- responsibility for the steering of a ship.
- con3(defs 2, 3).
Origin of conn
- to learn; study; peruse or examine carefully.
- to commit to memory.
Origin of con2
- to direct the steering of (a ship).
- the station of the person who cons.
- the act of conning.
Origin of con3
- involving abuse of confidence: a con trick.
- to swindle; trick: That crook conned me out of all my savings.
- to persuade by deception, cajolery, etc.
- a confidence game or swindle.
- a lie, exaggeration, or glib self-serving talk: He had a dozen different cons for getting out of paying traffic tickets.
Origin of con4
- to strike, hit, or rap (something or someone).
- to hammer (a nail or peg).
- to beat or thrash a person with the hands or a weapon.
Origin of con7
Examples from the Web for conning
Conning people into buying a book to prepare for an "Ebola apocalypse" is not just irresponsible, it's pathetic.The Sham, Scaremongering Guide to Ebola
November 20, 2014
There was one flashing glimpse of conning tower, smashed plates.The Cruise of the Dry Dock
T. S. Stribling
She frowned, conning him still with those dark, wistful eyes of hers.Scaramouche
But this was while conning, in cold weather, the classic tale of Troilus and Cressid.The Balladists
This word comes from "con" of the conning tower on a man-of-war.A Labrador Doctor
Wilfred Thomason Grenfell
To the amazement of all he led the way to the conning tower.Dave Darrin After The Mine Layers
H. Irving Hancock
- a variant spelling (esp US) of con 4
- 2nd century ad, king of Leinster and high king of Ireland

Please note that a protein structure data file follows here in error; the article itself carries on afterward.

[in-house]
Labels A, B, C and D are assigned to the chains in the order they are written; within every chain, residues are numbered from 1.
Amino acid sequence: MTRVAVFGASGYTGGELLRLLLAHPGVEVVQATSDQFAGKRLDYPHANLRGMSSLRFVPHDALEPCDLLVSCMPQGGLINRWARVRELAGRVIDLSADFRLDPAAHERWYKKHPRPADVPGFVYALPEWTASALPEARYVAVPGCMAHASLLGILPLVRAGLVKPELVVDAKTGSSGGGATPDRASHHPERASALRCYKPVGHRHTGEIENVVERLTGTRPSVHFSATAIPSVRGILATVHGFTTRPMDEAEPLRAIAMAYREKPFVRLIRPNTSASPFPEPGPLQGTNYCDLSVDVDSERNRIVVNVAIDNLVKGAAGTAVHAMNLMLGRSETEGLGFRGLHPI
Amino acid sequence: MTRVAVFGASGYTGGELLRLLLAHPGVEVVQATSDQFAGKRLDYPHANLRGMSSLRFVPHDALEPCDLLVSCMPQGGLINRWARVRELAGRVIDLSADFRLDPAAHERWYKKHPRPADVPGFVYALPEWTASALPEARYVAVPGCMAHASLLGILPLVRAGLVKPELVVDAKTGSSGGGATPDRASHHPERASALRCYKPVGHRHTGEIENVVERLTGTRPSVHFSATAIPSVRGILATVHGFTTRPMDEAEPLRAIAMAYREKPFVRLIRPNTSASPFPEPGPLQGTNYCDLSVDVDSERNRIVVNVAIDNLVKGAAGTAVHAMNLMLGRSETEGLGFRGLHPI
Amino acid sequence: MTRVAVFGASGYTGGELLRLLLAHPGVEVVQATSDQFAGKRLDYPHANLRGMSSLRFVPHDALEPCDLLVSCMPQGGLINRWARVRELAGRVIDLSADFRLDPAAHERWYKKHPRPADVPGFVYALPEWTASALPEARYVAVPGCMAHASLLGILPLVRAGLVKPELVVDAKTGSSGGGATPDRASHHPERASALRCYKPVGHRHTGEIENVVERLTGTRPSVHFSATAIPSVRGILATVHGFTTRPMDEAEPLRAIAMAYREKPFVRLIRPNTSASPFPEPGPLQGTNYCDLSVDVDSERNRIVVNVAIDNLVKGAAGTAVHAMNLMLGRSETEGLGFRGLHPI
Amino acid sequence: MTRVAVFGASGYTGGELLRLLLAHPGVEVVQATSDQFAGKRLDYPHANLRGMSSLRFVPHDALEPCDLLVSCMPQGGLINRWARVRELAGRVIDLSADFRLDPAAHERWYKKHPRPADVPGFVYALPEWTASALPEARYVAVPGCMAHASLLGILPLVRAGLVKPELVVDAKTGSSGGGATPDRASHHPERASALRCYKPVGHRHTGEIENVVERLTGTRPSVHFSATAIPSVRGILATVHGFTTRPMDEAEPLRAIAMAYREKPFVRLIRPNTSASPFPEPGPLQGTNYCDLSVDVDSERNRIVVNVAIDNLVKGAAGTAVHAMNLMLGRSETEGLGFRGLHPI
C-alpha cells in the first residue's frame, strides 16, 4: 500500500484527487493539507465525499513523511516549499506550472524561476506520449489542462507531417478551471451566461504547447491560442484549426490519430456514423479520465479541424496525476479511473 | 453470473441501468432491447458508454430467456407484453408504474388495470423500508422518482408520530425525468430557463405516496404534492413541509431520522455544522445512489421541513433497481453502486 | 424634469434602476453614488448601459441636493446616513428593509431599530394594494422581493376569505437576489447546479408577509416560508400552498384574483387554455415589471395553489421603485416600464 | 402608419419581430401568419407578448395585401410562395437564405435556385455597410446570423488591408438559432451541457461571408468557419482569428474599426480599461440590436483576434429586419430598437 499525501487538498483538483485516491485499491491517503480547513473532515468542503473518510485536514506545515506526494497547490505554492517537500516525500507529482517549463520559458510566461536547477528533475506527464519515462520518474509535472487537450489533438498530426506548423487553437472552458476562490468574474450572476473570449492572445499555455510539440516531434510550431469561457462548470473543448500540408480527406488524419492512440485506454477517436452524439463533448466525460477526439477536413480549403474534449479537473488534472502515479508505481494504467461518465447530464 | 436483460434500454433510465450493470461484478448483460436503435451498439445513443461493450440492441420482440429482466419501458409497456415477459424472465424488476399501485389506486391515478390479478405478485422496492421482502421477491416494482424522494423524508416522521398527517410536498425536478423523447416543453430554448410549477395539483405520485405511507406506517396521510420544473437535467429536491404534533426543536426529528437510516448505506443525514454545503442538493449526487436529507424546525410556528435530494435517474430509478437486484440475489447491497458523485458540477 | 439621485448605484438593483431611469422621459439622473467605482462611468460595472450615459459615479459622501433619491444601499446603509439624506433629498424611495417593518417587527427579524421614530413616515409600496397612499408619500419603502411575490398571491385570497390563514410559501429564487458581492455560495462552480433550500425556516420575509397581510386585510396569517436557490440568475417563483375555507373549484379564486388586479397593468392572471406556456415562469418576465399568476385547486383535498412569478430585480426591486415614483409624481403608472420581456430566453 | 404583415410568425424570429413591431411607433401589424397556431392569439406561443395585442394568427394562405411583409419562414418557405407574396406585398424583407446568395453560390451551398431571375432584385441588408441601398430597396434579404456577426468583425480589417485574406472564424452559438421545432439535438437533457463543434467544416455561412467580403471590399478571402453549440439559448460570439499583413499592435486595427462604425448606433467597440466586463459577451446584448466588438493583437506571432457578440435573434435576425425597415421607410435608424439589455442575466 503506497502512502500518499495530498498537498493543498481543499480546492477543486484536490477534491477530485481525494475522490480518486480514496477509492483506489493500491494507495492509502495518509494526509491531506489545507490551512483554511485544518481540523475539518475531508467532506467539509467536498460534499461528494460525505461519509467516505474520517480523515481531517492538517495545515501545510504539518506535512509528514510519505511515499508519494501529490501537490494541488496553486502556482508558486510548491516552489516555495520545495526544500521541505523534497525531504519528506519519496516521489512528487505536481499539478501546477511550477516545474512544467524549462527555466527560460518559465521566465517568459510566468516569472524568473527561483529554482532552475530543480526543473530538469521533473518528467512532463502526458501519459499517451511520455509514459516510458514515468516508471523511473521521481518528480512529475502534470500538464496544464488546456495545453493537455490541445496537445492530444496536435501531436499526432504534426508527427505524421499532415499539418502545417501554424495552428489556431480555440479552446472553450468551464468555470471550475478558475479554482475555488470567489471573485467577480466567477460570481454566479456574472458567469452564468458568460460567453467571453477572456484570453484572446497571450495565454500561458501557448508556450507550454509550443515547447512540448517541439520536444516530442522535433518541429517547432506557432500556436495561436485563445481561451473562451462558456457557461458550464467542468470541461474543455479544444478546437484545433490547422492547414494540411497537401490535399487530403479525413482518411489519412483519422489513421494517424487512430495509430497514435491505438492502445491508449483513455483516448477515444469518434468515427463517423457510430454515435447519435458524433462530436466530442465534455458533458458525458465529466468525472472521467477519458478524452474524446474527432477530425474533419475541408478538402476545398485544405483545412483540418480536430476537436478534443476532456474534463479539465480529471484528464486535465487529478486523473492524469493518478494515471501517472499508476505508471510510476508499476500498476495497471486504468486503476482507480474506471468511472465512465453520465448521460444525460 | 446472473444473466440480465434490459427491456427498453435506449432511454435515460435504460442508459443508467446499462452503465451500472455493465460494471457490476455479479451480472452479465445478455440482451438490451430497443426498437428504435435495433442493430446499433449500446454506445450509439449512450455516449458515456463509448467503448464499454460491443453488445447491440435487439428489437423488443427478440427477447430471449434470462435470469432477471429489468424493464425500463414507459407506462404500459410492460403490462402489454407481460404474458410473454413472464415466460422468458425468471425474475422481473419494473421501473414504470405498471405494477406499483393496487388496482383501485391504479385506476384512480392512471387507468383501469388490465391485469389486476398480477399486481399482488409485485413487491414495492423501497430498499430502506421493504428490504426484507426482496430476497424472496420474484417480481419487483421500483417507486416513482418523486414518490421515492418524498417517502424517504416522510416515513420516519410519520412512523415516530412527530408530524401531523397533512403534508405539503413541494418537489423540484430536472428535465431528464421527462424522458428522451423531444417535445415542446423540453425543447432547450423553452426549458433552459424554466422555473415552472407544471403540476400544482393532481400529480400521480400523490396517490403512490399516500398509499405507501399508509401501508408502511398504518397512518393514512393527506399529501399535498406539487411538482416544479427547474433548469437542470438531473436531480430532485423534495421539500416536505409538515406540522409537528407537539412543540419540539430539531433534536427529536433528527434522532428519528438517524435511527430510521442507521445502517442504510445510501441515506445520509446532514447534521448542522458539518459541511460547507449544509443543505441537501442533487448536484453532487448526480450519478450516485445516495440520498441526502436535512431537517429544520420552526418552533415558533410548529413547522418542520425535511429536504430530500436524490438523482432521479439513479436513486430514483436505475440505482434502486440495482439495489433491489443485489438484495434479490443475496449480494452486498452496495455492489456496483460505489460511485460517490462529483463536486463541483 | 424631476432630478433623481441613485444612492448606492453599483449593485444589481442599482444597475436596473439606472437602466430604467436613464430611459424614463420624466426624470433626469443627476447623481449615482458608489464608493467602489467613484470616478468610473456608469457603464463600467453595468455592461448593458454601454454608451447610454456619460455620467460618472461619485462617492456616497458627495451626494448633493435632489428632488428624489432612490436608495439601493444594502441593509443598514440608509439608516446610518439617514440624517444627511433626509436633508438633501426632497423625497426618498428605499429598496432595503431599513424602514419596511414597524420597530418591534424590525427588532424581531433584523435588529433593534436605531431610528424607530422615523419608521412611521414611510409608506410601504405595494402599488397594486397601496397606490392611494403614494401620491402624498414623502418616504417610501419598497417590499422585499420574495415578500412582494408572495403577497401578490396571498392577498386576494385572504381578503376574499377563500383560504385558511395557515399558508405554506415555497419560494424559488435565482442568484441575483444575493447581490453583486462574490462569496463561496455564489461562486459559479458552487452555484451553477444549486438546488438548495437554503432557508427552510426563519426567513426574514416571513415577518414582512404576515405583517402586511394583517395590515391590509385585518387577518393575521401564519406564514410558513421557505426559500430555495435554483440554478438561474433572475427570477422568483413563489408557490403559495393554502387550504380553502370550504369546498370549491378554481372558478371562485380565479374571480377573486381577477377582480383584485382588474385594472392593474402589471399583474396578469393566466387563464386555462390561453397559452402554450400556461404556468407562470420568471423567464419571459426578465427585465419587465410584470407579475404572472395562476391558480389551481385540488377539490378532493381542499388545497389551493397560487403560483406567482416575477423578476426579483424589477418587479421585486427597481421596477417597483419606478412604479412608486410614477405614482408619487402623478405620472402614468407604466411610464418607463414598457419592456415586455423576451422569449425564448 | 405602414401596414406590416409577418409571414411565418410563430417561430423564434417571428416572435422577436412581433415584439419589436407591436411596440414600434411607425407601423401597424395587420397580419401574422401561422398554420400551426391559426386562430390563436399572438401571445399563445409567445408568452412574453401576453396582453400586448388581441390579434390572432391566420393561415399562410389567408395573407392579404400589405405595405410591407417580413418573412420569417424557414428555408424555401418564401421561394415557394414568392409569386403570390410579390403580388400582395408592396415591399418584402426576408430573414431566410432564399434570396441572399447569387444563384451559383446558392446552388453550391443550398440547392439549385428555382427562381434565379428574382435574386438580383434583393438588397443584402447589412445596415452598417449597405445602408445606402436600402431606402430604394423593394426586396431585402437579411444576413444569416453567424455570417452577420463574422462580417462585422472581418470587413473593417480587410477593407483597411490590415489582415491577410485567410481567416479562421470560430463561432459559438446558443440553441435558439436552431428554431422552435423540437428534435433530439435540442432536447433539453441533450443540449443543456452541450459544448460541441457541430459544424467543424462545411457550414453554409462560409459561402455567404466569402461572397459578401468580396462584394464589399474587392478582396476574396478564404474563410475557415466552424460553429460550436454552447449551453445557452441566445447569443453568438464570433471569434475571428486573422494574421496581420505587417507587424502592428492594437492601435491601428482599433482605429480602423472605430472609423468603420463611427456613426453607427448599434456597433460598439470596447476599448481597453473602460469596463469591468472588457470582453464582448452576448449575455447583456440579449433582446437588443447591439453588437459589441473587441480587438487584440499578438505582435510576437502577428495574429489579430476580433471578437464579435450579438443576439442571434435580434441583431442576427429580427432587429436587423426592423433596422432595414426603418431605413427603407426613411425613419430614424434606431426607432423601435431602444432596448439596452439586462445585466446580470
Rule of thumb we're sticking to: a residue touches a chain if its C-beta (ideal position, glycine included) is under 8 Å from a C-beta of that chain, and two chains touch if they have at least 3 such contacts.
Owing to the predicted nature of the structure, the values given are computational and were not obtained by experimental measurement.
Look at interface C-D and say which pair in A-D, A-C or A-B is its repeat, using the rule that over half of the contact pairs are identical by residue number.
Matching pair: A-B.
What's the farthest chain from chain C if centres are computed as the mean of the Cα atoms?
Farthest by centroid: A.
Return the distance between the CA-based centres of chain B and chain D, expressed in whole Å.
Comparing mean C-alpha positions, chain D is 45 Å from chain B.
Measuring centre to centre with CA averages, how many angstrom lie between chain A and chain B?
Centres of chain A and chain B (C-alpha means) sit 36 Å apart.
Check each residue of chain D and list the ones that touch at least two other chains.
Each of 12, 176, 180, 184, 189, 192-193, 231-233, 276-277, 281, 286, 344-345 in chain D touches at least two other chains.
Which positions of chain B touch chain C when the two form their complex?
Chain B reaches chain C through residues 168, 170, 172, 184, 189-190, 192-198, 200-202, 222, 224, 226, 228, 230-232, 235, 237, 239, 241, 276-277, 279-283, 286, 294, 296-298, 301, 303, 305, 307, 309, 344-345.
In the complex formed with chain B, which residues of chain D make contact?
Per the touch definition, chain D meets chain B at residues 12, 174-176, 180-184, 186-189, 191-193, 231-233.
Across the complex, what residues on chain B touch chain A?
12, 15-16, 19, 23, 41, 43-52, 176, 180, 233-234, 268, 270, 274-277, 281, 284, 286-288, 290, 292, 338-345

- short for confidence trick
- (as modifier)con man
- (tr) to swindle or defraud
- an argument or vote against a proposal, motion, etc
- a person who argues or votes against a proposal, motion, etc
- slang short for convict
esp US conn
- (tr) to direct the steering of (a vessel)
- the place where a person who cons a vessel is stationed
- (tr) archaic to study attentively or learn (esp in the phrase con by rote)
- music with
Word Origin and History for conning
"negation" (mainly in pro and con), 1570s, short for Latin contra "against" (see contra).
"study," early 15c., from Old English cunnan "to know, know how" (see can (v.1)).
"swindling," 1889, American English, from confidence man (1849), from the many scams in which the victim is induced to hand over money as a token of confidence. Confidence with a sense of "assurance based on insufficient grounds" dates from 1590s.
"to guide ships," 1620s, from French conduire "to conduct, lead, guide" (10c.), from Latin conducere (see conduce). Related: Conned; conning.
"to swindle," 1896, from con (adj.). Related: Conned; conning.
a slang or colloquial shortening of various nouns beginning in con-, e.g., from the 19th century, confidant, conundrum, conformist, convict, contract, and from the 20th century, conductor, conservative.